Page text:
Salvation is my anchor when pain comes into my life. The suffering I experience is, in Paul’s words, “a light and momentary affliction.” Paul isn’t suggesting that what we suffer is easy. What he means is that what I face is not lasting, eternal, or ultimate. Salvation causes me to think about my suffering in an eternal dimension. It helps me to keep things in perspective. By securing salvation I have secured the most important thing of all.. It cannot be lost or taken from me. Peter begins his letter by writing about salvation and security. By doing so, he is encouraging his readers to view their suffering in light of their salvation and not to view their salvation in light of their suffering.
I’ve always enjoyed the book of 1 Peter. I remember preaching verse by verse through the book twenty years ago when I served a congregation in St. Louis. I’m sure I gave it my best effort, but clearly did not have enough miles on my odometer to appreciate the value of what Peter offered to his audience concerning suffering and hope.
I facilitate a men’s Bible study that meets in the early hours of Thursday mornings at a local supermarket restaurant. Over the next several months we’re going to do work on this marvelous New Testament book. It’s my desire to share some of my reflections on our study and conversation over bacon and eggs.
1 Peter begins with his salutation to a general audience that is scattered over (at least) 5 provinces. His intended readers are Jewish Christians that have been scattered across the region due to persecution that arose in Jerusalem (e.g. Acts 8:1-3). One of his purposes is to encourage the readers to faithfully live their lives as Christians even though they are undergoing suffering and persecution at the hands of those who are hostile to Christianity.
The NLT (I’m a fan!) describes these believers as “foreigners,” which they were in more ways than one. Literally, they were not citizens. They were not native or indigenous to the region they were living. Metaphorically, they simply didn’t belong. They didn’t fit in and were clearly out of place because of their faith. I like Joel Green’s thoughts at this point. In his commentary on 1 Peter, Green remarks, “1 Peter is written to folks who do not belong, who eke out their lives on the periphery of acceptable society, whose deepest loyalties and inclinations do not line up very well with what matters most in the world in which they live. This is not the sort of life that most people find attractive.” (Green, p. 18) For Peter’s audience, this exclusion would have extended to a person’s economics, family, religion, social structure and government.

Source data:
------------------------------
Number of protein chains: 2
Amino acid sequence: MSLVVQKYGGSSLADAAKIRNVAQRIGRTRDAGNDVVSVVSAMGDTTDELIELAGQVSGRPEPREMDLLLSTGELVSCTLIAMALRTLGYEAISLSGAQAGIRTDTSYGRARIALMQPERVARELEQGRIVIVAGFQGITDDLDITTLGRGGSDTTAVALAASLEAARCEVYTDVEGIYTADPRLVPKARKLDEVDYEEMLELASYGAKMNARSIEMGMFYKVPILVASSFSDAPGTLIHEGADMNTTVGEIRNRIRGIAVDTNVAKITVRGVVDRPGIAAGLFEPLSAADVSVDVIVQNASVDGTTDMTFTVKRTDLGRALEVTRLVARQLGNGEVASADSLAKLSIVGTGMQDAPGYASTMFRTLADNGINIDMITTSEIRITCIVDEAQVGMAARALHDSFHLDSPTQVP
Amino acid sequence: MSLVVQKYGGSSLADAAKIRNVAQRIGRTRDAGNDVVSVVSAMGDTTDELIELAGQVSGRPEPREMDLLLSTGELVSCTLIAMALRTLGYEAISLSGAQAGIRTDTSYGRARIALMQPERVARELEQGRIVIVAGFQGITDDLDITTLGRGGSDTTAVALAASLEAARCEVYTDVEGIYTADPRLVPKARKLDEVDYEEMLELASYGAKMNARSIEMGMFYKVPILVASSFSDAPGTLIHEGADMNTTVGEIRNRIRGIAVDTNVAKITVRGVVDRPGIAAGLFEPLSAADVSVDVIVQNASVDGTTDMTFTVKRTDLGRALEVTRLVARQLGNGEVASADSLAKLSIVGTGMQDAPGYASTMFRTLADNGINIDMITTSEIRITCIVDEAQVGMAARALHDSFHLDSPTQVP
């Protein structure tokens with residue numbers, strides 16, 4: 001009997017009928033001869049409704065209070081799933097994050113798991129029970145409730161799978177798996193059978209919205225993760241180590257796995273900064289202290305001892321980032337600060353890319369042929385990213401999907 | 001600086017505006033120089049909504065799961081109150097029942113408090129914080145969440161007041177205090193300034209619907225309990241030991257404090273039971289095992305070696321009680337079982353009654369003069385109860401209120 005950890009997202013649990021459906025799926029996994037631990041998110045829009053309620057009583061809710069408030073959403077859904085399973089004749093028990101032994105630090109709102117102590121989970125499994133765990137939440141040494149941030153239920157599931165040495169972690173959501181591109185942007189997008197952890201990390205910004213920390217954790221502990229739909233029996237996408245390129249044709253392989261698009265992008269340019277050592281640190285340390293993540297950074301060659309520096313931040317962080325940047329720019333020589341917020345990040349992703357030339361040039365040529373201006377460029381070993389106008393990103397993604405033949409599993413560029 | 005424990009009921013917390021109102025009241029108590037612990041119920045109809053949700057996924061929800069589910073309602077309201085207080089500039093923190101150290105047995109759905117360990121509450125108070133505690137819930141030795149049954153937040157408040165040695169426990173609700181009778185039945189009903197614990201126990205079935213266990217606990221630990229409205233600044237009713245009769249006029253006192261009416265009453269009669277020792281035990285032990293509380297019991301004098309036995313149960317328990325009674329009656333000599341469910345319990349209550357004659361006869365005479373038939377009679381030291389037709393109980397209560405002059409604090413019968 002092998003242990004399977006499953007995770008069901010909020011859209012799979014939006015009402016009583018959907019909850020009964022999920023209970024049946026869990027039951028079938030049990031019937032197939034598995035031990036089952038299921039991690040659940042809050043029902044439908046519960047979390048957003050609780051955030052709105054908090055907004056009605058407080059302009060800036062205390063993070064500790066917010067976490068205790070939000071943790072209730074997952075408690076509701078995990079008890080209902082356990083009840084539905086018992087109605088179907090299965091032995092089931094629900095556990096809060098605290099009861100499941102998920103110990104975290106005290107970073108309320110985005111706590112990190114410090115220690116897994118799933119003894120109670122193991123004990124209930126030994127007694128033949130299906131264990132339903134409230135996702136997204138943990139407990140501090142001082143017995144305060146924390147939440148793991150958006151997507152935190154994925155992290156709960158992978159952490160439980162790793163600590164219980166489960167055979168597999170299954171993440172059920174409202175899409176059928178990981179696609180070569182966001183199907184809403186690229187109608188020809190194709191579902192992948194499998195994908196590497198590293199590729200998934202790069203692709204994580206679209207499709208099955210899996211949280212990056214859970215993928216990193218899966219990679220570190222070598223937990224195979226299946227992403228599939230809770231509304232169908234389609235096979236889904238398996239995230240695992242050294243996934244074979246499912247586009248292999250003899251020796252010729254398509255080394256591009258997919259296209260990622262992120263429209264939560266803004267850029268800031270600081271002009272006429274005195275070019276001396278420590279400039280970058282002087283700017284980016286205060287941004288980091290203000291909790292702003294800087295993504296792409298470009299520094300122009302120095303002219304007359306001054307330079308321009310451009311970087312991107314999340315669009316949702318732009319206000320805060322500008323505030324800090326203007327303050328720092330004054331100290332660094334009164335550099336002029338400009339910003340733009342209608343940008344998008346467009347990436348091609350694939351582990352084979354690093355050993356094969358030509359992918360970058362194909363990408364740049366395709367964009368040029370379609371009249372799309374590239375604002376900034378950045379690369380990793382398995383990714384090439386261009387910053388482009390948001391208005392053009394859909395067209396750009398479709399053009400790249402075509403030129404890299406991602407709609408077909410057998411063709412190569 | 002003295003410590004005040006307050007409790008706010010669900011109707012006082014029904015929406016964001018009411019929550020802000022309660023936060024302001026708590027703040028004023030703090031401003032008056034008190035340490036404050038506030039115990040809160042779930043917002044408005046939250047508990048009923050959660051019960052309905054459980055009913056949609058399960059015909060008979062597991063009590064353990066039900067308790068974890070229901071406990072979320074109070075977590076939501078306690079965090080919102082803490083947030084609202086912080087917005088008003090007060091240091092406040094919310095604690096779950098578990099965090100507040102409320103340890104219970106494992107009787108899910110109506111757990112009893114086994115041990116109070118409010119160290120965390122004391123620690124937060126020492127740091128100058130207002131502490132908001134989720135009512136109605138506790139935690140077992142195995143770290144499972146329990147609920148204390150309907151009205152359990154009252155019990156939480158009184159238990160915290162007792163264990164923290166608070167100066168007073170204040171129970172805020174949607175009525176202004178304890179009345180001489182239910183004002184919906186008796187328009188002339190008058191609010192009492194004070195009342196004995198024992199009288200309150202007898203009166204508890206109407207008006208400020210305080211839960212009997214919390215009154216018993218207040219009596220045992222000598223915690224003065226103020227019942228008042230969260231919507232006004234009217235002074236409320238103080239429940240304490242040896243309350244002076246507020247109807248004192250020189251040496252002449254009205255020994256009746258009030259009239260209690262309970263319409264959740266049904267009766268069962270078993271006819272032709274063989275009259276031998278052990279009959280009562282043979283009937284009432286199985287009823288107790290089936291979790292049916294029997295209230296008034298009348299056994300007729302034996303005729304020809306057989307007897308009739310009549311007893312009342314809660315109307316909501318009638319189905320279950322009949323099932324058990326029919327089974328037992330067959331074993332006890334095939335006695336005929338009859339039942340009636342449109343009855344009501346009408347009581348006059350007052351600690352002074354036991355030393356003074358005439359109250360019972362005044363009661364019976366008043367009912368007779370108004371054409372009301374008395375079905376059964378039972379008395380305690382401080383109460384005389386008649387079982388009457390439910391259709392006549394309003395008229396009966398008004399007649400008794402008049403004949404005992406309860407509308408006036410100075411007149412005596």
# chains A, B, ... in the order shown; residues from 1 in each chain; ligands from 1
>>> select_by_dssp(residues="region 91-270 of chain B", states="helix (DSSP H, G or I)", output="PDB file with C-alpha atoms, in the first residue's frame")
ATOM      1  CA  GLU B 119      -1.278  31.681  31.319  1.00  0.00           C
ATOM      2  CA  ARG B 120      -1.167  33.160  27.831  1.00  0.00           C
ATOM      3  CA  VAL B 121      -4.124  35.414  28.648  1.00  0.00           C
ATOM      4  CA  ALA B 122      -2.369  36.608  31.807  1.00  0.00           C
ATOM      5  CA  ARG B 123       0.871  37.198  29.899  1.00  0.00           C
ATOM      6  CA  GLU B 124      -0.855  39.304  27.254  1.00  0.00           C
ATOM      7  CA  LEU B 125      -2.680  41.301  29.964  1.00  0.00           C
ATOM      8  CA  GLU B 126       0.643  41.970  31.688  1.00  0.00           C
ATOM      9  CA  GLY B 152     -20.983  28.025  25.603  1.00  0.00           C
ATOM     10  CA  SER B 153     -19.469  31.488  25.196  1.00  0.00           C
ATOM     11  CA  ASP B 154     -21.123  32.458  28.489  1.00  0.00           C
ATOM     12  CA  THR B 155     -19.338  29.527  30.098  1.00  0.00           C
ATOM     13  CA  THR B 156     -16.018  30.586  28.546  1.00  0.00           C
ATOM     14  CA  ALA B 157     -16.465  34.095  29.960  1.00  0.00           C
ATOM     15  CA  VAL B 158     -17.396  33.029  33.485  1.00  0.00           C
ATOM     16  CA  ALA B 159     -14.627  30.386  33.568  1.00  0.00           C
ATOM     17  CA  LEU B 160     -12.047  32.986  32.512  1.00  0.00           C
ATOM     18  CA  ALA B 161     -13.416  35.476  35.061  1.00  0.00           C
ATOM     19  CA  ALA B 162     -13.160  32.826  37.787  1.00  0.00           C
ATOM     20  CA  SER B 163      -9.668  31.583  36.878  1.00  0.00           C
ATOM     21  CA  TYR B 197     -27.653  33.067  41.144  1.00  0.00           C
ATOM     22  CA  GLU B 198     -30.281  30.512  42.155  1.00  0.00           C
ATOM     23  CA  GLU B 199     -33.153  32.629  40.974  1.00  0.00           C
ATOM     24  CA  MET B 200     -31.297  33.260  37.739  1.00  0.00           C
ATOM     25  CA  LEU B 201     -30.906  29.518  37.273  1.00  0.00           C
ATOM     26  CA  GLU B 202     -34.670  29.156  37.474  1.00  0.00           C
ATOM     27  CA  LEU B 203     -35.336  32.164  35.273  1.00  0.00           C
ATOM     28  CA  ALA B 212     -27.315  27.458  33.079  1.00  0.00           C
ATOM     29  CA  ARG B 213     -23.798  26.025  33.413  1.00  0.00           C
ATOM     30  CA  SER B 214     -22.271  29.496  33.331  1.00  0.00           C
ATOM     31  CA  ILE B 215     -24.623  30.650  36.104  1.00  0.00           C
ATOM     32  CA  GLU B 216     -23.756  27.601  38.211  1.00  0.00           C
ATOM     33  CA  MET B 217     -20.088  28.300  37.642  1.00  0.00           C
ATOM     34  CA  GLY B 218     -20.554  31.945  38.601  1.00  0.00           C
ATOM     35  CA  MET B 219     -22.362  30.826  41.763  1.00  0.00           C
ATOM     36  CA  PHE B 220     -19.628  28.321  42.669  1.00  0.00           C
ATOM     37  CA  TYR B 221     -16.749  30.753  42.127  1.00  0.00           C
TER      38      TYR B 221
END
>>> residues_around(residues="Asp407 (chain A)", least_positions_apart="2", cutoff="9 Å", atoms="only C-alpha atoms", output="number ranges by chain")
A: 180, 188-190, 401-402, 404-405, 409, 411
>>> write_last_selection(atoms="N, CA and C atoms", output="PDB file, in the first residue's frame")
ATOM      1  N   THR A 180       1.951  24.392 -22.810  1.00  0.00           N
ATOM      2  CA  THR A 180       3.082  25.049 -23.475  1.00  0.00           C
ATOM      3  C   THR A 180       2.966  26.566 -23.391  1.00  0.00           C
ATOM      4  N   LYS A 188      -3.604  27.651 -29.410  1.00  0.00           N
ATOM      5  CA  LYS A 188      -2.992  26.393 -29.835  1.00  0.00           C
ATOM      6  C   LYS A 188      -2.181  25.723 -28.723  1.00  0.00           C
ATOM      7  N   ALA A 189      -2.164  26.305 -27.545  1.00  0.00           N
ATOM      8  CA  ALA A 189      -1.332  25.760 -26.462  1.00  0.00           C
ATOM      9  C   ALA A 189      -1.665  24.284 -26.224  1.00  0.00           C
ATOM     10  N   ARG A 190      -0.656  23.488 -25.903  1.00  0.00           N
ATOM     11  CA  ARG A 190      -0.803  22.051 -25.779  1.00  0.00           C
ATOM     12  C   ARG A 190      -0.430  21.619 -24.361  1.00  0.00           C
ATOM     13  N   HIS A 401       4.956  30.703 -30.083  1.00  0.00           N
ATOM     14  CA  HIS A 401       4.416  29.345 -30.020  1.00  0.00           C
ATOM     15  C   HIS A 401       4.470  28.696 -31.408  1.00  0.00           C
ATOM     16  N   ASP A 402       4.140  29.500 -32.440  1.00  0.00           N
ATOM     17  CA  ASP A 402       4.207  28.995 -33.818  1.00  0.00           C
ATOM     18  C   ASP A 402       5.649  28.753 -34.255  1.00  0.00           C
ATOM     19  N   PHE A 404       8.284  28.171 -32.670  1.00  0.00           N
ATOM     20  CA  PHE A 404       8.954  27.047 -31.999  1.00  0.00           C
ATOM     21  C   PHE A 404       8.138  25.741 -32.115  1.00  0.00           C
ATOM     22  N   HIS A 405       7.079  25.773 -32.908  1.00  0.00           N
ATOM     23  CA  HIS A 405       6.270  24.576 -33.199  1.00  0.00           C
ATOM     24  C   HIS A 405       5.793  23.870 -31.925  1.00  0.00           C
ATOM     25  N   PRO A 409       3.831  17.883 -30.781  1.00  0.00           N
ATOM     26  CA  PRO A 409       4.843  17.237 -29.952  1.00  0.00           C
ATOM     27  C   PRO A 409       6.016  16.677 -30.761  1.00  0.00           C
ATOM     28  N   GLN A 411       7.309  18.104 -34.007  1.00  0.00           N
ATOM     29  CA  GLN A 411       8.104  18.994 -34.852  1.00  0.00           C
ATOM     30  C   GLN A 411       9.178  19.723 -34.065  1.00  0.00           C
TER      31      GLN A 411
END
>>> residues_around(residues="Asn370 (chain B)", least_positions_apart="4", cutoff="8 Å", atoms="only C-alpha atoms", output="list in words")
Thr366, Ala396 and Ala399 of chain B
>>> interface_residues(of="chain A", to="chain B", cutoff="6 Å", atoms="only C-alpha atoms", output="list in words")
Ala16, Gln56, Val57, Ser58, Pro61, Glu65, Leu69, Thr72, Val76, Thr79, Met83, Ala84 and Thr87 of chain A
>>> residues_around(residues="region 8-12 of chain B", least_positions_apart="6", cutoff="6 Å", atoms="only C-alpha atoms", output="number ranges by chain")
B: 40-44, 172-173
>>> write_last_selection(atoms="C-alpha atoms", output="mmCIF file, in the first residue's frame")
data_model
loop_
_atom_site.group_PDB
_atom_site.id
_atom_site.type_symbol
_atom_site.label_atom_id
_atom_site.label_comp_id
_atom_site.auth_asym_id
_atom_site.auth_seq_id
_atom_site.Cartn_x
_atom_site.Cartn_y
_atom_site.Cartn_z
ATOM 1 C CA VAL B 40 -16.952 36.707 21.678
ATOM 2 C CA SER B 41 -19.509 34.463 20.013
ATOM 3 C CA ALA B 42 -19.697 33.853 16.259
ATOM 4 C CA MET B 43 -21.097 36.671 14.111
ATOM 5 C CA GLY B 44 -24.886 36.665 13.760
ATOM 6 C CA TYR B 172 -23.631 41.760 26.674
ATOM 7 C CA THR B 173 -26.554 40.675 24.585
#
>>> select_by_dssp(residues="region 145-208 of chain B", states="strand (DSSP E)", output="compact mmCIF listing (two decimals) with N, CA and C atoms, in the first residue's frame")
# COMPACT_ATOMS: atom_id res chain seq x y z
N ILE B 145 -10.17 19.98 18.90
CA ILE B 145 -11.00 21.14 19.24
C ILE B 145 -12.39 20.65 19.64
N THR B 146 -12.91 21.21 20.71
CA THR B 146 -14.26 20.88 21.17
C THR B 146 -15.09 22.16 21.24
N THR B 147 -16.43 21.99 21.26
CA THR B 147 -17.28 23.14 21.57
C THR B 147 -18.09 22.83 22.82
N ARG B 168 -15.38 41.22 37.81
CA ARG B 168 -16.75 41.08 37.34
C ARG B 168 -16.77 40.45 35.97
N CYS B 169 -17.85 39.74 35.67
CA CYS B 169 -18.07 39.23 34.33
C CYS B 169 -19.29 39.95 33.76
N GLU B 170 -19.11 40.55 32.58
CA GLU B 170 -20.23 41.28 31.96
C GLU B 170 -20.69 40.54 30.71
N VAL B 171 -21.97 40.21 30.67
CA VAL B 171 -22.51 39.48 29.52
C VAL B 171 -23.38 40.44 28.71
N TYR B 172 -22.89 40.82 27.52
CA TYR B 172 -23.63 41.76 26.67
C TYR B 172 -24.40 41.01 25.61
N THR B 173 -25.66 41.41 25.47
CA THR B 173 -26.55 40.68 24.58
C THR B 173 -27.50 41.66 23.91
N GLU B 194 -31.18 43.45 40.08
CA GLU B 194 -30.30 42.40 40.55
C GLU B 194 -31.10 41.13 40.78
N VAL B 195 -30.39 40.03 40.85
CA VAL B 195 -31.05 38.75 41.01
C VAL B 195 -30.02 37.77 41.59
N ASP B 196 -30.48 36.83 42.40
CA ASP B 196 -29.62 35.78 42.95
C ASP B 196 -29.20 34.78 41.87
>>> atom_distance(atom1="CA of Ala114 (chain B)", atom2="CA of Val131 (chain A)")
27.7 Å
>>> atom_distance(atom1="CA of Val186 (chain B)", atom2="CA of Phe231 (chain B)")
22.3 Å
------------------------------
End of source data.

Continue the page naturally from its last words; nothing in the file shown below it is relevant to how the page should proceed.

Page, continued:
Perhaps there are times when you feel like you don’t fit in because of your faith. While our government guarantees certain freedoms and protects our rights to worship, Christians can still face exclusion, even if only in social circles. If you have never felt out of place, then perhaps something is wrong!
Peter continues his salutation by referencing our great salvation. In our salvation he references the entire work of the Trinity: the Father who chose, the Spirit who makes holy, and the Son who cleanses by his blood. One may doubt whether or not Peter’s readers understood all of the implications of election, sanctification and justification. After all, we’ve been plumbing the depths of these concepts for 2,000 years. Suffice it to say, all of God was involved and is involved in saving all of me! Salvation has provided grace and peace, which frames Peter’s prayer request at the end of the verse.
Unlike Paul, Peter concludes his salutation with a brief prayer. He asks God to provide “more and more grace and peace.” Given the subject matter of the book, suffering, this is a curious request. It would seem natural and logical for his request to be more akin to God delivering these persecuted sufferers from persecution and suffering. He does not.
Grace and peace are at the front end of our Christian experience. But it’s also the stuff that composes our ongoing life with God. So what does this prayer request tell us about salvation and suffering?
First, my suffering may not be removed. Our obvious prayer is to alleviate or remove it altogether. But sometimes God’s sovereign providence allows us to continue in our pain and suffering. Grace and peace become the things that sustain us in the midst of what we are called to endure.
Second, as grace and peace have brought Christ into my life, grace and peace continue to bring Christ into my life in deeper and more meaningful ways. Suffering becomes a pathway which ushers more and more grace and peace into my life. Grace and peace strengthen my character and transform me into the likeness of Christ.